The Meaning of Everything : The Story of the Oxford English Dictionary Paperback
'The greatest enterprise of its kind in history,' was the verdict of British prime minister Stanley Baldwin in June 1928 when The Oxford English Dictionary was finally published.
With its 15,490 pages and nearly two million quotations, it was indeed a monumental achievement, gleaned from the efforts of hundreds of ordinary and extraordinary people who made it their mission to catalogue the English language in its entirety.
In The Meaning of Everything, Simon Winchester celebrates this remarkable feat, and the fascinating characters who played such a vital part in its execution, from the colourful Frederick Furnivall, cheerful promoter of an all-female sculling crew, to James Murray, self-educated son of a draper, who spent half a century guiding the project towards fruition.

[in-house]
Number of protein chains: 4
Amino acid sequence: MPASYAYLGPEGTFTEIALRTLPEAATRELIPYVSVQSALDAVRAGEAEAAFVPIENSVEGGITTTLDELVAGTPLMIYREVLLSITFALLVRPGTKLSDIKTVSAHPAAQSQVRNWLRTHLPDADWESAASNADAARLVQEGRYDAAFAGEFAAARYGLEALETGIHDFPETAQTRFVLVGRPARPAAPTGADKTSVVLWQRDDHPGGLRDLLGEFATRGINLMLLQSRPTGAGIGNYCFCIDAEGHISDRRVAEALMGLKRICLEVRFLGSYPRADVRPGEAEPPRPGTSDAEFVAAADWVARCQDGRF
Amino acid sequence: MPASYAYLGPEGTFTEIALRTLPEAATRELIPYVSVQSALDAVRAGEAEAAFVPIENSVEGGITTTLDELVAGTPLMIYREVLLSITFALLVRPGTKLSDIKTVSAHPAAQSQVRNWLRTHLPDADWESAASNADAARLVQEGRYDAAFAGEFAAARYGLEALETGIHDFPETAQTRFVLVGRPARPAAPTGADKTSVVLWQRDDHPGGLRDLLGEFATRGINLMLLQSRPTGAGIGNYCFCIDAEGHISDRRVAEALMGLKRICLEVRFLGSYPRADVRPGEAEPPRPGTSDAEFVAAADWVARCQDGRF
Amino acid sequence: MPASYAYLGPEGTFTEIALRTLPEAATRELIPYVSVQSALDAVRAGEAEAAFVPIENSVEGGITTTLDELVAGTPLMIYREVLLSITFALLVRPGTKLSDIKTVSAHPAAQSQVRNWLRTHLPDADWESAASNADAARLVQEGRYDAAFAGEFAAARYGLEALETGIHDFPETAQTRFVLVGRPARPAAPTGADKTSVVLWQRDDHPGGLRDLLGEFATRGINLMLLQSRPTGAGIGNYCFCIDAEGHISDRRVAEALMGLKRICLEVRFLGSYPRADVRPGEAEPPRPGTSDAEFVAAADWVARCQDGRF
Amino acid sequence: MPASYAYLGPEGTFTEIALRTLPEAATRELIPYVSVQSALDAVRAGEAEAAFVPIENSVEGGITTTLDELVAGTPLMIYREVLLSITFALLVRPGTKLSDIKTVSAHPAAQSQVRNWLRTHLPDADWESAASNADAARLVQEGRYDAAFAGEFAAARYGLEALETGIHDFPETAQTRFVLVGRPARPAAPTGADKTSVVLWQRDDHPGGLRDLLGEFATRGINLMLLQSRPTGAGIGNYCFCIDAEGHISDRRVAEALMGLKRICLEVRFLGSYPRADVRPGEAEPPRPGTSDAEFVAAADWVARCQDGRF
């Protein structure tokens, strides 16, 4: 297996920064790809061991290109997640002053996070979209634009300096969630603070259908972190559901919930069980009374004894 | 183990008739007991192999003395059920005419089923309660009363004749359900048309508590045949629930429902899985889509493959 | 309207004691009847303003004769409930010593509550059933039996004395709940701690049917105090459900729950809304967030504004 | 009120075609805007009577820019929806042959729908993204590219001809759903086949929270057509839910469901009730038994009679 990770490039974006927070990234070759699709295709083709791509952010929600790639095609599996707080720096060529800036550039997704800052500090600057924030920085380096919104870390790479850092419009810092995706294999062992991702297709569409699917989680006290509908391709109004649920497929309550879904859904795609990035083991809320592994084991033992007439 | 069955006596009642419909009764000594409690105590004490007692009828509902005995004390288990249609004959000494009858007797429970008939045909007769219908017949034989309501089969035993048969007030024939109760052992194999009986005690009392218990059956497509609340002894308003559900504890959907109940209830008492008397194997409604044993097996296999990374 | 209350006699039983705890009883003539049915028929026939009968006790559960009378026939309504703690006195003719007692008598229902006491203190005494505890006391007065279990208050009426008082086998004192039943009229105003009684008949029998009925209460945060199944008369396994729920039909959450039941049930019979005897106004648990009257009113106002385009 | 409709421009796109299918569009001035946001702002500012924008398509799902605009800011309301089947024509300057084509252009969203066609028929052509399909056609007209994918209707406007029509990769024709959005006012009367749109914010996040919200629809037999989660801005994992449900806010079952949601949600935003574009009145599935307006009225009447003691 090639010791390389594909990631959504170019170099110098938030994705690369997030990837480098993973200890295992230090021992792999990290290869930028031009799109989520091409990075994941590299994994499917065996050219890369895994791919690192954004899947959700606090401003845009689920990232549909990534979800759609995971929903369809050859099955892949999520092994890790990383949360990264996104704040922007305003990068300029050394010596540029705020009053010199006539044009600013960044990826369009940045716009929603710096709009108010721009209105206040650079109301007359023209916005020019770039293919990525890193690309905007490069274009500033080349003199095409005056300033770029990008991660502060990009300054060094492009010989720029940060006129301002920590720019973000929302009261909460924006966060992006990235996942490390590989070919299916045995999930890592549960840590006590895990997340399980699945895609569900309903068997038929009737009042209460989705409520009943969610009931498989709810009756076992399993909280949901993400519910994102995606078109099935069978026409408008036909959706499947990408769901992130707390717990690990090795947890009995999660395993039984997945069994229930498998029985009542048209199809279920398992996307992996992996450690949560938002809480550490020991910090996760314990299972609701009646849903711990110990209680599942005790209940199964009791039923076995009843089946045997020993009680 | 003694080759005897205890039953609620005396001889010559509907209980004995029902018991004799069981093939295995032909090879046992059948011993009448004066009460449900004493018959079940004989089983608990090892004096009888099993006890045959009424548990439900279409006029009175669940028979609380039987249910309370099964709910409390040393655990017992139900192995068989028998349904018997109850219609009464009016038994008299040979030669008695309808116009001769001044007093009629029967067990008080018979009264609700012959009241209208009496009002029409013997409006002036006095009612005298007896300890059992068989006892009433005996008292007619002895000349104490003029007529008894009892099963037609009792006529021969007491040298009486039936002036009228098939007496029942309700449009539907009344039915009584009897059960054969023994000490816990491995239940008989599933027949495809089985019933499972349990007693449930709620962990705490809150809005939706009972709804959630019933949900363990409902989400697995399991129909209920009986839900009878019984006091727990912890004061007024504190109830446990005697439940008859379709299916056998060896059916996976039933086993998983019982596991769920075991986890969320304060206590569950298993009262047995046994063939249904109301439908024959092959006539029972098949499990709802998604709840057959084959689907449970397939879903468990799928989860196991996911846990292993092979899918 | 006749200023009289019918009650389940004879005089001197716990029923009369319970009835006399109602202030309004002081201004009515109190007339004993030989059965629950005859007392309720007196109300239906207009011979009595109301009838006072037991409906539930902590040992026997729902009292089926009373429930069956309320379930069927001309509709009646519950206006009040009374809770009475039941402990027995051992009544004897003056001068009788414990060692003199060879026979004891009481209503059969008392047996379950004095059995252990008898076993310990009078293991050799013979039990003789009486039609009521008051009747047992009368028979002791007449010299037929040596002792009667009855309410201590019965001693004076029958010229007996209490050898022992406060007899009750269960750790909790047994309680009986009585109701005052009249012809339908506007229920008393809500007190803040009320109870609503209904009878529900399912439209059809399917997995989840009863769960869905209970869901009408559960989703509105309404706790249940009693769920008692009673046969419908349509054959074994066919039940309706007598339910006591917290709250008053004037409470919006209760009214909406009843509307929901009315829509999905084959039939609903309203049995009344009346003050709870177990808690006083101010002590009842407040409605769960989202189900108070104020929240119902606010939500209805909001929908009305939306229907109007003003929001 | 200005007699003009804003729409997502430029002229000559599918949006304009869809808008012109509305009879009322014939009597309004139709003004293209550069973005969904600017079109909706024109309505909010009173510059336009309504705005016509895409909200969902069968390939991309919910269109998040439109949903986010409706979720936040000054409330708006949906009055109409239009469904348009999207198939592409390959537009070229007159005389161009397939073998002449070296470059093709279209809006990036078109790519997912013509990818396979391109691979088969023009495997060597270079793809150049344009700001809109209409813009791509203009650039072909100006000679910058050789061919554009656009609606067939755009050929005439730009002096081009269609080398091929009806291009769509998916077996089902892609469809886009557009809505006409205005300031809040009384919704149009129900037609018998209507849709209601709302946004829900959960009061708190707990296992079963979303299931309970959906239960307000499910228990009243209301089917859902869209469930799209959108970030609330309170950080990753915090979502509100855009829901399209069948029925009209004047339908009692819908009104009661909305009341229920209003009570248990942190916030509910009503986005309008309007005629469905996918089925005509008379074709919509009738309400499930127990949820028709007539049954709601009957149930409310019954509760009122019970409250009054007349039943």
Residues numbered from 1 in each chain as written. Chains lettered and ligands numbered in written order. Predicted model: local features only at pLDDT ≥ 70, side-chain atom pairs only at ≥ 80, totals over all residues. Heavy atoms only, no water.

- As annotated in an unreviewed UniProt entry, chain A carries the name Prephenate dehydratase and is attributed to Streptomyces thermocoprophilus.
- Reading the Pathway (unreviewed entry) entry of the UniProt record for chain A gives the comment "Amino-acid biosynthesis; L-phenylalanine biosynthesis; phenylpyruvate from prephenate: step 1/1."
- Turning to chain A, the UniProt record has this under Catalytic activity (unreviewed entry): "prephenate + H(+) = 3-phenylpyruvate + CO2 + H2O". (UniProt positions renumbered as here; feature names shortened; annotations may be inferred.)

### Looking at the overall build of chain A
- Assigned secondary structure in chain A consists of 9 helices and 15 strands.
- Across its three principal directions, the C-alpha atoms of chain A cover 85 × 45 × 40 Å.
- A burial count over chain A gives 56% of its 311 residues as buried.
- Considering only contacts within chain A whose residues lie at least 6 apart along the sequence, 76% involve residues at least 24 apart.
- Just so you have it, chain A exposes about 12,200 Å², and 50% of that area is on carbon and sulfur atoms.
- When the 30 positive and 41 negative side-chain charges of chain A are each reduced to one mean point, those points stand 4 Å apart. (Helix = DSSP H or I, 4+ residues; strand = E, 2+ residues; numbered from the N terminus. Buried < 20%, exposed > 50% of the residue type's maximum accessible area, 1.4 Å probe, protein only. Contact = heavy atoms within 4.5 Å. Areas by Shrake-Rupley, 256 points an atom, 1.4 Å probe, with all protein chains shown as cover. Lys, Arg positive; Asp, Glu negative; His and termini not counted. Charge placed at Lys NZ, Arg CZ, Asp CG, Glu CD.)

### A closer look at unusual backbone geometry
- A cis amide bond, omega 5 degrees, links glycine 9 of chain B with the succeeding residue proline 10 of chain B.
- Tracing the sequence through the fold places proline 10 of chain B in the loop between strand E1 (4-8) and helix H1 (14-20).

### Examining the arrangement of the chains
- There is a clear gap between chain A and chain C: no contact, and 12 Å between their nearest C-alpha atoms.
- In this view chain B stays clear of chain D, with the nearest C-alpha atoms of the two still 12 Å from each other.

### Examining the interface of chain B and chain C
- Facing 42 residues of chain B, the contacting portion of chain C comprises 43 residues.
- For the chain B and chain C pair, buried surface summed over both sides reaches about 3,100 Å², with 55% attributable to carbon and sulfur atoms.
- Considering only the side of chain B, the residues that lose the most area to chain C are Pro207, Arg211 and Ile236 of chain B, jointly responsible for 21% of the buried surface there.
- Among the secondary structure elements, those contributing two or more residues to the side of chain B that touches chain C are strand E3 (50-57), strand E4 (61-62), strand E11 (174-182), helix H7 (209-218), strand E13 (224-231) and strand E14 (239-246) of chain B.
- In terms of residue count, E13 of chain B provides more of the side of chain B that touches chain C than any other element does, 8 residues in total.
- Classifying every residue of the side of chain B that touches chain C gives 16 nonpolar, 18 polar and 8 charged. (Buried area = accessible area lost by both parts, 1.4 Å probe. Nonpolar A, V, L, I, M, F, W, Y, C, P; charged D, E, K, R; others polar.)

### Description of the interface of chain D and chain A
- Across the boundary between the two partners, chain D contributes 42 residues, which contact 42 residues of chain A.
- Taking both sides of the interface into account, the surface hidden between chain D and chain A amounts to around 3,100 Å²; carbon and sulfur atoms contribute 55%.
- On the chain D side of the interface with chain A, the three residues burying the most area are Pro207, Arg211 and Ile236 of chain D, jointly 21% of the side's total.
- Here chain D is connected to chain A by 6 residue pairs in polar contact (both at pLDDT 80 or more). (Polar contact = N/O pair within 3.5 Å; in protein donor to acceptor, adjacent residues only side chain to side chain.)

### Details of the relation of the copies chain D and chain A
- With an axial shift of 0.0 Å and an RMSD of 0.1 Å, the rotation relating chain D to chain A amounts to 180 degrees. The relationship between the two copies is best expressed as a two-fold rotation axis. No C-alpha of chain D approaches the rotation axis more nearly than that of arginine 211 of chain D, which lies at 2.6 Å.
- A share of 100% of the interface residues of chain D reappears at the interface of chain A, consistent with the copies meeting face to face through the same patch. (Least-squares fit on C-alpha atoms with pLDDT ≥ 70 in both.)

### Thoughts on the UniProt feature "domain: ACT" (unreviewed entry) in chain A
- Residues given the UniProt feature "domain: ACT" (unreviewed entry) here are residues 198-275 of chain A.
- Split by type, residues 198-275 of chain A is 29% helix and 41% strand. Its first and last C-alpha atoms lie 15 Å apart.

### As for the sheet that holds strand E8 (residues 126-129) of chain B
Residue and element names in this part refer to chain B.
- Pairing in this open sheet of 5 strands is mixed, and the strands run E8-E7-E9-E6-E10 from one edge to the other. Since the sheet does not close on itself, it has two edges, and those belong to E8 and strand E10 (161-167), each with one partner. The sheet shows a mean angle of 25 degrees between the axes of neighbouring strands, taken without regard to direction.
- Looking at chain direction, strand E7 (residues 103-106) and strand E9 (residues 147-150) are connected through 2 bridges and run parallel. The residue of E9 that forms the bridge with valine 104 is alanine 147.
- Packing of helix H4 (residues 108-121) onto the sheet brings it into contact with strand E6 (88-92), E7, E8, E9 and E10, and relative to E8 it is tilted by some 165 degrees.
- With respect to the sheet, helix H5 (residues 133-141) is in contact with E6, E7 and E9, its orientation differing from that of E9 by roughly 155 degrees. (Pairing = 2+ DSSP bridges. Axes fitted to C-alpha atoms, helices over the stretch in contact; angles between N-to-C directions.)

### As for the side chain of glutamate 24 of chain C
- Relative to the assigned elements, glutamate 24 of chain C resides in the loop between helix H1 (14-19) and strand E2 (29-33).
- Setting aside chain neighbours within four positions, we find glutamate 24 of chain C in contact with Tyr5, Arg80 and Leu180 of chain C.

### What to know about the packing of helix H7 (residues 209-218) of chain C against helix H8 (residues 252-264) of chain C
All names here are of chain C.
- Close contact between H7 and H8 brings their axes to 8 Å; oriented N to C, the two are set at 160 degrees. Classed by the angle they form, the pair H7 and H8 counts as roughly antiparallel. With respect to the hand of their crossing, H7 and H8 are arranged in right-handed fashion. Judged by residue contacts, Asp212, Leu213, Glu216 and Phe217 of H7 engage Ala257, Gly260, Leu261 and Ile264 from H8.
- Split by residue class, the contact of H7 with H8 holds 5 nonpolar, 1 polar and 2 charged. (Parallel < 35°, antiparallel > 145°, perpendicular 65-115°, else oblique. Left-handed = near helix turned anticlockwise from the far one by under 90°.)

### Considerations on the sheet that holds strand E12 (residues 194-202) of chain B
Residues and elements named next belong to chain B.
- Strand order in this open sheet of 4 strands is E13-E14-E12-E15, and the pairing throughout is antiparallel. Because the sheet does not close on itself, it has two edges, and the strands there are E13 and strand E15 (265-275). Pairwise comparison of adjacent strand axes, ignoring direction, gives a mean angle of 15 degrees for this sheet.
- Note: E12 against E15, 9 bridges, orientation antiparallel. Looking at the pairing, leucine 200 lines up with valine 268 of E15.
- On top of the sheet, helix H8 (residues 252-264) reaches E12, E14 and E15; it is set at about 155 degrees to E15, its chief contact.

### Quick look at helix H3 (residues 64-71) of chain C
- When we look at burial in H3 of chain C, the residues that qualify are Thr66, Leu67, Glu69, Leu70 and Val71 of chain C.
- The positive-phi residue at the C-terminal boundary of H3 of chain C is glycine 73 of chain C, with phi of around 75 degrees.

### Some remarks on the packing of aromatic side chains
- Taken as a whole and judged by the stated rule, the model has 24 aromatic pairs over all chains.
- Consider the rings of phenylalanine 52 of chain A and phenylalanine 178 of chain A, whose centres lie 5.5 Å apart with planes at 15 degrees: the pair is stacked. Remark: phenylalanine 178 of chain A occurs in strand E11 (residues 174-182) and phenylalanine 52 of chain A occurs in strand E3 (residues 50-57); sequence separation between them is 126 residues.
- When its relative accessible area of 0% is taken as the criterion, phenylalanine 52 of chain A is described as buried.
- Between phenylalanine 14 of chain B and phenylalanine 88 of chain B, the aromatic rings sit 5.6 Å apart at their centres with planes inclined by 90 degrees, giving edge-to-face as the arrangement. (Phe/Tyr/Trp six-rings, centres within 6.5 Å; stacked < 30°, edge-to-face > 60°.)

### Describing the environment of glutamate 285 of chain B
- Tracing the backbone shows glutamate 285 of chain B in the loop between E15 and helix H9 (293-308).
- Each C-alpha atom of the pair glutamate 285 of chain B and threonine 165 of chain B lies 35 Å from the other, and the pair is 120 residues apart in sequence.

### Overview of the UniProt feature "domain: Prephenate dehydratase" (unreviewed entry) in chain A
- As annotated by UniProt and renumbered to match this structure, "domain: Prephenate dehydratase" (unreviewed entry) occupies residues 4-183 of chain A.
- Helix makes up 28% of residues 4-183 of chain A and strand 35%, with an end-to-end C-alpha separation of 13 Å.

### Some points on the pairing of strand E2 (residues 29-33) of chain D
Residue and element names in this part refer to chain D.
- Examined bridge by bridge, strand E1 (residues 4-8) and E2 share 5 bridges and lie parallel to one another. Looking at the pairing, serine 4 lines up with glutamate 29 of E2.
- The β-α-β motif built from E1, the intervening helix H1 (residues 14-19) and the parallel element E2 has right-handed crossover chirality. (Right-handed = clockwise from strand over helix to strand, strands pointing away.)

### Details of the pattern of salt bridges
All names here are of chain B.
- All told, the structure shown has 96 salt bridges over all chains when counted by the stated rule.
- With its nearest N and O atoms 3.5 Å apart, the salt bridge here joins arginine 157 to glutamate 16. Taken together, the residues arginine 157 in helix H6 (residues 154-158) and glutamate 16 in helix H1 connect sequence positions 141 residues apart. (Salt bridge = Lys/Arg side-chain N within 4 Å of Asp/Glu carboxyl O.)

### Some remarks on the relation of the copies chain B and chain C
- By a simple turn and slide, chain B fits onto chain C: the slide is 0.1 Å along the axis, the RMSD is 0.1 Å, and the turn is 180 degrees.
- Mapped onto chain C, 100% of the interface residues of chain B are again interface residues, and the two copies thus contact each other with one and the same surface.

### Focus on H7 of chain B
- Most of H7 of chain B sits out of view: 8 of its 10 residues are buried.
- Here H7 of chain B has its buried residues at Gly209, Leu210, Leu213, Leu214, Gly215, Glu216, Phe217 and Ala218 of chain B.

Along the way we learn which dictionary editor became the inspiration for Kenneth Grahame's Ratty in The Wind in the Willows, and why Tolkien found it so hard to define 'walrus'.
Written by the bestselling author of The Surgeon of Crowthorne and The Map That Changed the World, The Meaning of Everything is an enthralling account of the creation of the world's greatest dictionary.
- Format: Paperback
- Pages: 288 pages, numerous halftones
- Publisher: Oxford University Press
- Publication Date: 23/09/2004
- Category: Dictionaries
- ISBN: 9780192805768
- Paperback from £8.35
Showing 1 - 1 of 1 reviews.
Review by Shirezu
Whilst this was an interesting book it wasn't the most entertaining. I've seen other reviews say they found it funny but I couldn't really find anything humourous apart from a couple quotes. For a short book it drags a little in parts but overall it is a worthwhile read into an amazing endeavour in the the preservation of the English language.